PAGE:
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What's the best way to establish a VNC connection to a computer located behind a firewall/router, to which you don't have access? I have a home Linux computer on a Comcast connection, which explicitly blocks incoming requests, so I can't hit the IP directly, but I'd like to remote into it from an arbitrary Internet connection. How would I work around this?

I've witnessed some commercial products, such as one employed by Dell tech support, which appears to use a public web server, which you visit from the target computer in order to "expose" it to an incoming VNC connection. Is there anything similar that's free/cheap for personal use?

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What all does Comcast block? Most ISPs only block 80, 443, and 25 to prevent people from running web/mail servers. 5900/5901 (or higher if you're using more sessions) are typically unblocked. – Brian Knoblauch Jun 28 '10 at 15:01
As far as I know, Comcast blocks everything that's not initiated from the server. I can't even ping my server, much less connect via VNC. I put the server in my router's DMZ and even disabled the server's firewall to ensure nothing was interfering on my end, but I still can't get to it. – Cerin Jun 29 '10 at 0:19
up vote 3 down vote accepted

You can try tunneling VNC over SSH, but you may find the performance to be a bit slow. You may also want to look into freenx, which is already secure by running over SSH and is much faster than VNC.

If you don't mind using a 3rd party, I really like LogMeIn for it's security and simplicity all in one. All I need is a browser to connect to my PC at home. Your weak link is going to be the password you use for your account, so make sure it's a good one.

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Thanks, LogMeIn is along the lines of what I was looking for. Although I'd be a little nervous giving a third party remote access to my machine. – Cerin Jun 29 '10 at 0:22
Just realized LogMeIn only supports Windows and Mac. No Linux support at all. Blarrgh. – Cerin Jul 9 '10 at 15:10

You can usually just forward port 5900 from your firewall to the computer that you want to VNC into and then connect to your external IP, or get a DDNS provider if your router/firewall supports it.

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I have no control over Comcast's firewall. Sorry if my question was unclear. – Cerin Jun 29 '10 at 0:14
@Chris S - I can confirm that Comcast doesn't actually block this, or even 80 for that matter - at least not in Philadelphia. I'd imagine this is the same everywhere. It is possible that your Comcast modem is a combo firewall/router/NAT device. If this is the case, you will need to call Comcast and have them walk you through putting it into bridged mode. This will allow you to have the expected behavior. – MDMarra Jun 29 '10 at 0:42

... visit from the target computer in order to "expose" it to an incoming VNC connection. Is there anything similar that's free/cheap for personal use?

TeamViewer. You'd run the quick-support (or full) module on your target and take with you the session code and password it provides. Enter these into the TV full module on your away machine to connect to the target.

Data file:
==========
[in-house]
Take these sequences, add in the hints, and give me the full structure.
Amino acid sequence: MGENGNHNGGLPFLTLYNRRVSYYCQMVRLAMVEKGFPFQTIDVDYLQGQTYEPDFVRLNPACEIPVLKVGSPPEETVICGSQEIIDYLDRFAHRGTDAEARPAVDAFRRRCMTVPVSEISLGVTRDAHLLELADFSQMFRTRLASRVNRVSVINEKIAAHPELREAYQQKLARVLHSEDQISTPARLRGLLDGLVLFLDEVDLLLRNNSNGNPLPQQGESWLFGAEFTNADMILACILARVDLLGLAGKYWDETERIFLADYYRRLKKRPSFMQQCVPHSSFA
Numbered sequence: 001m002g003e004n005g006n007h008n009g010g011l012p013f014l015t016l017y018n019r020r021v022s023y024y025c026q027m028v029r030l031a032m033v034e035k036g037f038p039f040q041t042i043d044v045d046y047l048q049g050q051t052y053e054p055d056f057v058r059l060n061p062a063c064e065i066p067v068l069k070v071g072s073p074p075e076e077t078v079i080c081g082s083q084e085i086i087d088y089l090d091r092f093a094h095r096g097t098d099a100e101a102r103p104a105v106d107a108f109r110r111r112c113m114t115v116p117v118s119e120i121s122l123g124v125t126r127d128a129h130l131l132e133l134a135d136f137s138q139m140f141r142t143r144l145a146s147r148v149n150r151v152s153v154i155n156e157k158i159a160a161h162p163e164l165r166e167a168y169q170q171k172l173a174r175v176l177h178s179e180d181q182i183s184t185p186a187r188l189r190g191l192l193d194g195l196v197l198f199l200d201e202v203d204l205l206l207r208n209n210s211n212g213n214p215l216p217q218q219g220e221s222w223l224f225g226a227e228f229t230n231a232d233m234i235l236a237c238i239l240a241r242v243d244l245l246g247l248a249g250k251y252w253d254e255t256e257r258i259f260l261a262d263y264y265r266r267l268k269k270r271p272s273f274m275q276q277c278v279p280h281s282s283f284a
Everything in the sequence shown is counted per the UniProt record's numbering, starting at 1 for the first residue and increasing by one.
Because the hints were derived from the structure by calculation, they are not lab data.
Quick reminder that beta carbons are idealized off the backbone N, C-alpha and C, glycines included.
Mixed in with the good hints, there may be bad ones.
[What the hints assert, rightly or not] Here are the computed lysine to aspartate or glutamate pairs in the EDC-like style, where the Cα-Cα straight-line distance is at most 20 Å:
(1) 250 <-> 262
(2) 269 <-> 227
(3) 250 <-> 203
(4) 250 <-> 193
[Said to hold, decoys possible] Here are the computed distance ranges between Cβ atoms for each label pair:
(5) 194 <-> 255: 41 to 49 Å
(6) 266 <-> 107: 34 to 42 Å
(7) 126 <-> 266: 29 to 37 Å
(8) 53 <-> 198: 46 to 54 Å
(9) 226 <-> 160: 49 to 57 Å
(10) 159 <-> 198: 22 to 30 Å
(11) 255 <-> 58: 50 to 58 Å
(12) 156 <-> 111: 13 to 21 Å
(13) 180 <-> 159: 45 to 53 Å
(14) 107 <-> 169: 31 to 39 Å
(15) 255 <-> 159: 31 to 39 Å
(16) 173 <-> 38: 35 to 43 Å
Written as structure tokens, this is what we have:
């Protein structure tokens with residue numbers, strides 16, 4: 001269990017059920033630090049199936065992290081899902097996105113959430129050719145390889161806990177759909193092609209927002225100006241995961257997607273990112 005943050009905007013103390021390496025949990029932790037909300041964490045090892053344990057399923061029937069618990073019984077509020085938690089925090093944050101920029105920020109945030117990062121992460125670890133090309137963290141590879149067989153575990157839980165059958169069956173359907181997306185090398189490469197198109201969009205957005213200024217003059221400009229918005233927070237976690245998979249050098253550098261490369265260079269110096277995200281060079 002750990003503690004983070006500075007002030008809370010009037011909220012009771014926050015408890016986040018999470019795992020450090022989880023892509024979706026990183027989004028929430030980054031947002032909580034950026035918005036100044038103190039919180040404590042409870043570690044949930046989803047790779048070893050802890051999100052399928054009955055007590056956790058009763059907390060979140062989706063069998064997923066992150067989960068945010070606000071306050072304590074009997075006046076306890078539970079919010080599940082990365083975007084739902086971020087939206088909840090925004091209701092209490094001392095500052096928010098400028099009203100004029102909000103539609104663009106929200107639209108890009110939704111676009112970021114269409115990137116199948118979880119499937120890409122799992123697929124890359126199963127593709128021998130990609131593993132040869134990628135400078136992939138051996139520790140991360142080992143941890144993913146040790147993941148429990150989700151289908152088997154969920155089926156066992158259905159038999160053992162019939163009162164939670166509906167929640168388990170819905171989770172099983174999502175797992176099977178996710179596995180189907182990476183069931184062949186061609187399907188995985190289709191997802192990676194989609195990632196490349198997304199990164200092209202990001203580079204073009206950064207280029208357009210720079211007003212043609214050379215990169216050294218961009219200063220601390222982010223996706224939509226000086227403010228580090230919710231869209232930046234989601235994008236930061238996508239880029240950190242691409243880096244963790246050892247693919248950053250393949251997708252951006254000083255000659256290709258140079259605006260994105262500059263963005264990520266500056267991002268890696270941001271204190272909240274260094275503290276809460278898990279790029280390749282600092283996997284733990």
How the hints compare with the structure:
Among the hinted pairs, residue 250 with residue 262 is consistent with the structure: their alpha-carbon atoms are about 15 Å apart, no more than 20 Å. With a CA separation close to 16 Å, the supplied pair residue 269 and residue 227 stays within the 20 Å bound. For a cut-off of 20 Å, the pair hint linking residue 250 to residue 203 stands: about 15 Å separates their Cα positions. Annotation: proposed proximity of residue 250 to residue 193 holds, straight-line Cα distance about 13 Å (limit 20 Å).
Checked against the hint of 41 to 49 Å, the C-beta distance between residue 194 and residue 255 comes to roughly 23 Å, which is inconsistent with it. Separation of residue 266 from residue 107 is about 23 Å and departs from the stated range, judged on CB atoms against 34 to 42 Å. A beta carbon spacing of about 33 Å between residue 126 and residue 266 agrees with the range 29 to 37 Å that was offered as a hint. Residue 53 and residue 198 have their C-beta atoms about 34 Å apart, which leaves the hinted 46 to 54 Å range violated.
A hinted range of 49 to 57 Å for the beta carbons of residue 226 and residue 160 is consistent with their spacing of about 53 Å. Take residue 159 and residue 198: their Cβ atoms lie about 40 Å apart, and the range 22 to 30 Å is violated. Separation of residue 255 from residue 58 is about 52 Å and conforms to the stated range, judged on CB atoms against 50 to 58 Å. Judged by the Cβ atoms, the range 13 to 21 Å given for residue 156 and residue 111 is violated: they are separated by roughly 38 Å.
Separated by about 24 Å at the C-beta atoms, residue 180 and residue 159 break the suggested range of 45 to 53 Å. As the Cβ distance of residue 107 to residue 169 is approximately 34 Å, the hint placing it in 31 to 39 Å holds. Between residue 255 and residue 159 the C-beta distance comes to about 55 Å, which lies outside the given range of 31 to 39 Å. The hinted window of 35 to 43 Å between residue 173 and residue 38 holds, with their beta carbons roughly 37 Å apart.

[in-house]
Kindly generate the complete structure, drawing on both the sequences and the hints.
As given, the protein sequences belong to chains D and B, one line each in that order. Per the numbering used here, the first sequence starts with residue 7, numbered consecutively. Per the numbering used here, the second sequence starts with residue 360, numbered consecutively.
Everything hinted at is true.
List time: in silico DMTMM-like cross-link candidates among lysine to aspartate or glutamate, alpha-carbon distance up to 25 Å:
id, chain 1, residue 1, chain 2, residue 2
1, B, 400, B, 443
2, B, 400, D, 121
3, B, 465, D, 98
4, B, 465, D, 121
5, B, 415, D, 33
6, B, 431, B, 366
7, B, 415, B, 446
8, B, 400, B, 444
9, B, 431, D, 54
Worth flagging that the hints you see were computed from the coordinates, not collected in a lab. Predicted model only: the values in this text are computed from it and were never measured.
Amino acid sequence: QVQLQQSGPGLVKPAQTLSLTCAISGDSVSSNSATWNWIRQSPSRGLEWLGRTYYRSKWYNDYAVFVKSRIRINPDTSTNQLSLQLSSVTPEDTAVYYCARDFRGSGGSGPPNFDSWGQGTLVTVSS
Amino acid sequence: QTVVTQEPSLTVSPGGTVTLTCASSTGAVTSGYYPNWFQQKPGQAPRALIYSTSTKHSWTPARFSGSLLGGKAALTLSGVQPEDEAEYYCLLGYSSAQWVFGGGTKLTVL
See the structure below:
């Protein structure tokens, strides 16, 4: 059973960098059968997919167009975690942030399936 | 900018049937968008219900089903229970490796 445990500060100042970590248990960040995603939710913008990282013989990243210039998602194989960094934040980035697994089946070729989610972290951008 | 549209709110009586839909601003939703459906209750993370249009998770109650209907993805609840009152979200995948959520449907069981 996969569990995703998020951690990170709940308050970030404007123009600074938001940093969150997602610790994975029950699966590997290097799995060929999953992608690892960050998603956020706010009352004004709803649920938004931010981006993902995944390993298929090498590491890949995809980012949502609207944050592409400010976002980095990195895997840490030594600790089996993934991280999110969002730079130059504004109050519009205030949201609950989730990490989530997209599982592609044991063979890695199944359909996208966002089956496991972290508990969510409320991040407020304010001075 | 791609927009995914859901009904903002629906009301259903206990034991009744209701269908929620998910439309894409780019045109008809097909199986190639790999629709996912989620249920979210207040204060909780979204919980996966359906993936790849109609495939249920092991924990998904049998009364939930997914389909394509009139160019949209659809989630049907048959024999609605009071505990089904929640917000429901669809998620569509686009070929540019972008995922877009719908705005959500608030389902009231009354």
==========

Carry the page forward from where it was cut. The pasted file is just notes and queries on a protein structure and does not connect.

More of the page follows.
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Assuming for simplicity that you have only one client (but which can have arbitrary IP's), that the VNC server runs behind a firewall where you can't open ports, but the client has no such problems, a workaround would be to do put this command into an on-boot script on the server:

while sleep 100; do ssh vnc_user@$client -R 5900:; done

This opens a reverse tunnel from the server to the client. This is possible from behind a firewall.

Ensure you've created a passphraseless ssh-key on the server (ssh-keygen, and press return a couple times) so you can put this in a boot script.

Now, in order to do this from an "arbitrary internet connection", simply get a free account at, and exchange $client in the above command for that dyndns address (e.g. On the client, run sshd, and create a user with very little access:

sudo useradd -m -s /bin/false vnc_user

Copy the file server:~/.ssh/ into client:~vnc_user/.ssh/authorized_keys so that the vnc server has ssh access to the vnc client(s). (The /bin/false ensures the vnc server can't actually run commands on the client, only open a port; if you don't trust the server you can do more hardening in sshd_config.)

Now as long as you run a dyndns daemon on the client (or update your IP address manually at, you can connect to the server. If your client changes IP address, the ssh connection should drop and the server will try reestablishing the connection.

(If the client too is behind a firewall, I guess both client and server could open tunnels to a third machine which has no firewall trouble, but in any case you need at least one server which can run sshd against the open Internet.)

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you can use Hamachi (which was bought by logmein). You install the client on all the machines you want to share then you create a new password protected network and join all the machines to it. Its perfectly safe. Even Steve Gibson recommended it a couple years back. I've used it many times and works like a charm.

They have a free non commercial version.

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